The Inevitable Rise of Electric Vehicles
Why Positive and Negative Feedback Mechanisms will End Gas Cars
A lot of technological adoption features “S”-shaped growth curves — and Electric Vehicles are no exception. They start from a low point of adoption, then hit an inflection point of very rapid consumer growth, before reaching market saturation. Norway is the best example of this, where essentially all new cars sold are EVs (or hybrid/plugin).
Rapid EV adoption has pretty large-scale consequences on a host of downstream activities. Of course, not all vehicles are EV yet in Norway, since the car fleet turns over somewhat slowly (The US fleet turns over every fifteen years maybe) But still, gas consumption seems to be down pretty substantially in the country, and as many miles are travelled through EVs as Diesel.
Rapid EV adoption in Norway is the product of pretty aggressive policy — both in sticks like carbon and vehicle pricing as well as carrots like free EV parking. But it’s simply at the leading edge of a trend which is likely to impact the whole world. We are on the verge of a pretty complete transformation of much of the world’s transportation infrastructure to EVs, one which we should expect to happen by market forces alone, though policy can certainly nudge it along further.
This will handle a large chunk of the overall decarbonization efforts (about a fourth of global carbon dioxide emissions are transportation-related), especially as the complementary energy generation also goes renewable. Globally, EV sales are seeing really strong growth:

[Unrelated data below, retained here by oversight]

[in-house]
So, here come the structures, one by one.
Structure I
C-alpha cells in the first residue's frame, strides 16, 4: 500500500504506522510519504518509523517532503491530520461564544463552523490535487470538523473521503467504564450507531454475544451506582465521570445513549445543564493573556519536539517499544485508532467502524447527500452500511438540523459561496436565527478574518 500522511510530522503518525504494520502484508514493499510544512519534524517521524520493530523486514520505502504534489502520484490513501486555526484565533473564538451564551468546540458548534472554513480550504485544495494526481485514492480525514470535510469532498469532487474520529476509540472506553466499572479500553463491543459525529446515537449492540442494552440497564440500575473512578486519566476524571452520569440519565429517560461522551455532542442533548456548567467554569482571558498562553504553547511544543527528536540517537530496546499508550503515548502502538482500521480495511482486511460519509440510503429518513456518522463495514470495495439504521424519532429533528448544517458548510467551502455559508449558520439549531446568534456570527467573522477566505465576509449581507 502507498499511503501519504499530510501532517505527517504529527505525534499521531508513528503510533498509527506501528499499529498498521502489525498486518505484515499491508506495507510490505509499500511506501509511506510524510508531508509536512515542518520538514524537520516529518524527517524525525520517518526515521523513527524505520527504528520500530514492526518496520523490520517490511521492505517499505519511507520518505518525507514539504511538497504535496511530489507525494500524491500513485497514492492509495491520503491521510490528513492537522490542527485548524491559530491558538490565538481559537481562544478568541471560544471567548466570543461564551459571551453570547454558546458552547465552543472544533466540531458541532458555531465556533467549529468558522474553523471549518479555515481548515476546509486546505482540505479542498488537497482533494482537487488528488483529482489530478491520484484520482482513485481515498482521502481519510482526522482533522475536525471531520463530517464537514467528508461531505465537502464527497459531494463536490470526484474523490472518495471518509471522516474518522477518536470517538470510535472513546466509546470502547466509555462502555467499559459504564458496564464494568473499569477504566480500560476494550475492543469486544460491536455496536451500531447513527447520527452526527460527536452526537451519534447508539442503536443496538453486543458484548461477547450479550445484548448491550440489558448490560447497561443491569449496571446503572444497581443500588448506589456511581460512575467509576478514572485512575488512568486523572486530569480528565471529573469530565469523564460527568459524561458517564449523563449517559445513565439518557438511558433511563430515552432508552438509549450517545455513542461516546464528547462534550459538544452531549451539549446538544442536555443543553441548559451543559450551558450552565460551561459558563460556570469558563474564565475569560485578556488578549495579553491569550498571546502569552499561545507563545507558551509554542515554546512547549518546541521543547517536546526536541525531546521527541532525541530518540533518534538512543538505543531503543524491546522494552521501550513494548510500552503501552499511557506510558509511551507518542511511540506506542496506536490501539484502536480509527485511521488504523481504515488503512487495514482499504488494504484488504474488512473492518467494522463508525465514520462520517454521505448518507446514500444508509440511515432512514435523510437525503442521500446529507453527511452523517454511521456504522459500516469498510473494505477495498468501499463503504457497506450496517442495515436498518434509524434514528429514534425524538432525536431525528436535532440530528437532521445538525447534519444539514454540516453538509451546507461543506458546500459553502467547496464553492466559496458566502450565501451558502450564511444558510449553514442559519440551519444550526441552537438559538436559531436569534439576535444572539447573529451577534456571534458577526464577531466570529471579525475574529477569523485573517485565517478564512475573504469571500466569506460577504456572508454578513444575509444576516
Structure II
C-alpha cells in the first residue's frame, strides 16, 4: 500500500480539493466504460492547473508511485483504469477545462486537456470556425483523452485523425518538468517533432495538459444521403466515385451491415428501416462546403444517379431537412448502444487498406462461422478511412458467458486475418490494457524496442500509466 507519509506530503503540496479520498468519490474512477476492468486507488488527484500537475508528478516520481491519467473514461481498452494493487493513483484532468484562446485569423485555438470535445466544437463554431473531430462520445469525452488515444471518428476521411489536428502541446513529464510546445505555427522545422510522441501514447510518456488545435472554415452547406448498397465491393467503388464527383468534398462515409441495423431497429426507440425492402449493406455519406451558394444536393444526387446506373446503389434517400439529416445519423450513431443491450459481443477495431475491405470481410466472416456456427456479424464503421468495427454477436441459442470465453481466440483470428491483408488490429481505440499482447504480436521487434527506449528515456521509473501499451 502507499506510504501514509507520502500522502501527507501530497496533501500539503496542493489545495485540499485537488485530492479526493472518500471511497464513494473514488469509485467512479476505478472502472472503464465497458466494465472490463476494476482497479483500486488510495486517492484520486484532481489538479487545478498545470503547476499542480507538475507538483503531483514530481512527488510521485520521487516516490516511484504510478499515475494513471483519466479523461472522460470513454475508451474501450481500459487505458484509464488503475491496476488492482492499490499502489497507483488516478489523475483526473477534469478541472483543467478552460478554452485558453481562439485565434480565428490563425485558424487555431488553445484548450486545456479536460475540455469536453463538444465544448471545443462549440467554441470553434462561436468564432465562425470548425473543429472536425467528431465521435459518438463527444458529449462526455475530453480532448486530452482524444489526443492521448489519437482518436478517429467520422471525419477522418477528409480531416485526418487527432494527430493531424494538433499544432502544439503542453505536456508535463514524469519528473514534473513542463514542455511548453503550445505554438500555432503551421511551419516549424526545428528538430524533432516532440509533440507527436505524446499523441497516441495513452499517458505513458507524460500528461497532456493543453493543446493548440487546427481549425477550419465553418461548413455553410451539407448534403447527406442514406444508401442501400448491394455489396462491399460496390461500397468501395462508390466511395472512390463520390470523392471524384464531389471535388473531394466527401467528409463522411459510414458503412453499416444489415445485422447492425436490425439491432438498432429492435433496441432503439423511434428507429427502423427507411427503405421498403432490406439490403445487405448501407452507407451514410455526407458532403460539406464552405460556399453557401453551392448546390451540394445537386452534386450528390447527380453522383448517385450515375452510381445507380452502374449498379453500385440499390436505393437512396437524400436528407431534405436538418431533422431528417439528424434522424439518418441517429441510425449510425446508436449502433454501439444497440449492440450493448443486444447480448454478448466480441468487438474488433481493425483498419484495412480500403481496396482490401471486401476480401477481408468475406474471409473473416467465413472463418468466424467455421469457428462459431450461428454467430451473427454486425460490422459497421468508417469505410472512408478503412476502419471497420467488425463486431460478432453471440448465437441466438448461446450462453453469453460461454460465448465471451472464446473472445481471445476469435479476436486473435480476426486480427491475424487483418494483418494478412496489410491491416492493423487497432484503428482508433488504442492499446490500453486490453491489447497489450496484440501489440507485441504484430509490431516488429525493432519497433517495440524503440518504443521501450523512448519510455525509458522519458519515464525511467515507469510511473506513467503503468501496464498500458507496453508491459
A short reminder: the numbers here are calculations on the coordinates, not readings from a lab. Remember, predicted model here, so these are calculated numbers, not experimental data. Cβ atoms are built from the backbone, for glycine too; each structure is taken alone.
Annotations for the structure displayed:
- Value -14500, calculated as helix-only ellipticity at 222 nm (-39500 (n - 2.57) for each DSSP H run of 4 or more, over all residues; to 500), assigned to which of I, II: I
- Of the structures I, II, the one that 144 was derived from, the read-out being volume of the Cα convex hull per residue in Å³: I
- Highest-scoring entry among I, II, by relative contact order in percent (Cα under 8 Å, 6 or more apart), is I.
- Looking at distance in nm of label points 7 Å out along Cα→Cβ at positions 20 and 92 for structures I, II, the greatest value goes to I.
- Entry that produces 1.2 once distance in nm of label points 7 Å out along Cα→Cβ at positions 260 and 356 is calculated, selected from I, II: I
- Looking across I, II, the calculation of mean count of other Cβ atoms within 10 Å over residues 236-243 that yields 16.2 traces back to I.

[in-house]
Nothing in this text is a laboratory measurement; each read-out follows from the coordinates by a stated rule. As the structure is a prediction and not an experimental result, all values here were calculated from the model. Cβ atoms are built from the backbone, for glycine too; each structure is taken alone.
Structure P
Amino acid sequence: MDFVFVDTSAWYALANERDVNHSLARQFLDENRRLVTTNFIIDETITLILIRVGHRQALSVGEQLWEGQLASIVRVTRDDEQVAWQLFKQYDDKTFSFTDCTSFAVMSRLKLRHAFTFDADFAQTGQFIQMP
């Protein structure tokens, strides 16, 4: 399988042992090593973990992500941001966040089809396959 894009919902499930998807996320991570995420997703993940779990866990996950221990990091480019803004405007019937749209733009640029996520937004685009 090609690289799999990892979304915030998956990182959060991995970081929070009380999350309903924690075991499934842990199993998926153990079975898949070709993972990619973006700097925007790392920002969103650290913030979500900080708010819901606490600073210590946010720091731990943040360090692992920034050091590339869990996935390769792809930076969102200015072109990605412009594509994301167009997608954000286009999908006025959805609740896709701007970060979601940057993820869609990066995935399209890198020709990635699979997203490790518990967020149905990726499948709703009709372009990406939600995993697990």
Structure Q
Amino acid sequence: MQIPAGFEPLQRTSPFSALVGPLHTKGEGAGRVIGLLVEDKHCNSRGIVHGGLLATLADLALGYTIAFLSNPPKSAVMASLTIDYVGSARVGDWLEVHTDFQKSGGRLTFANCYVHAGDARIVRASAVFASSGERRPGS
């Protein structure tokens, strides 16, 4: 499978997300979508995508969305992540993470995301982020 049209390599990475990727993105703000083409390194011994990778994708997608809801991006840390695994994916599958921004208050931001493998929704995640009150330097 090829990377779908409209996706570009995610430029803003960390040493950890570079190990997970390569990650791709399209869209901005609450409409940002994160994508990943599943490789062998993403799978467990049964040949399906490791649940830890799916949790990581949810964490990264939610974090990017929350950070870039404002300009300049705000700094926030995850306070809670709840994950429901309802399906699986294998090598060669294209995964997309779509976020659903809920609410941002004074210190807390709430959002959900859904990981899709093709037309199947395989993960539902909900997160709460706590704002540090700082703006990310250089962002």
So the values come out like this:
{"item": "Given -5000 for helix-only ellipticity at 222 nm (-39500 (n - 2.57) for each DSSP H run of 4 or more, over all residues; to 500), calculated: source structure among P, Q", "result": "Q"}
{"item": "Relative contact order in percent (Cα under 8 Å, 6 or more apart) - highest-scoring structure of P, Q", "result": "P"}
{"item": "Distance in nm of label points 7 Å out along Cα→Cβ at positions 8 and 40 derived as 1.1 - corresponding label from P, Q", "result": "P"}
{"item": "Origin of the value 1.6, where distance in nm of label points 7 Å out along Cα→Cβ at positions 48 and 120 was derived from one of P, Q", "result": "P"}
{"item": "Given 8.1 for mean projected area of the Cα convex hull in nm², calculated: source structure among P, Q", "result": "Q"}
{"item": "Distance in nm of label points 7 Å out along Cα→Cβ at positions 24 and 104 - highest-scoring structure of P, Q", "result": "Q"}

And they make up about 15% of new car sales in California:
Positive Feedback Loops
This kind of rapid technological adoption typically happens when there are some sort of positive (or negative) feedback loops. On the positive side, you have virtuous cycles by which some consumers getting EVs raises the benefits (or otherwise lowers the cost) for others to adopt EVs too. This sort of thing happens all the time in technology, often as a part of platforms which get thicker or more liquid with more consumer adoption.
The most obvious part of this with EVs is with charging — more EVs help to sustain a denser charger network making it easier for new buyers. Norway for instance just has a really massive charger network, and research emphasizes the importance of the charger network effects here.
Negative Feedback Lops
What’s also interesting though are the negative feedback loops that will steadily encourage more EV adoption by people who currently use ICT cars — whether or not they really want to, just as a matter of pure economics.
For example, think about gas stations. If you’re thinking about starting a gas station today (or underwriting a loan to a gas station) — you’re making a substantial long-lived capital investment, and so want to incorporate long-run gas demand into your decision today. As a result, a declining share of ICT cars is going to hit decisions to build gas stations well before we even see the EVs show up.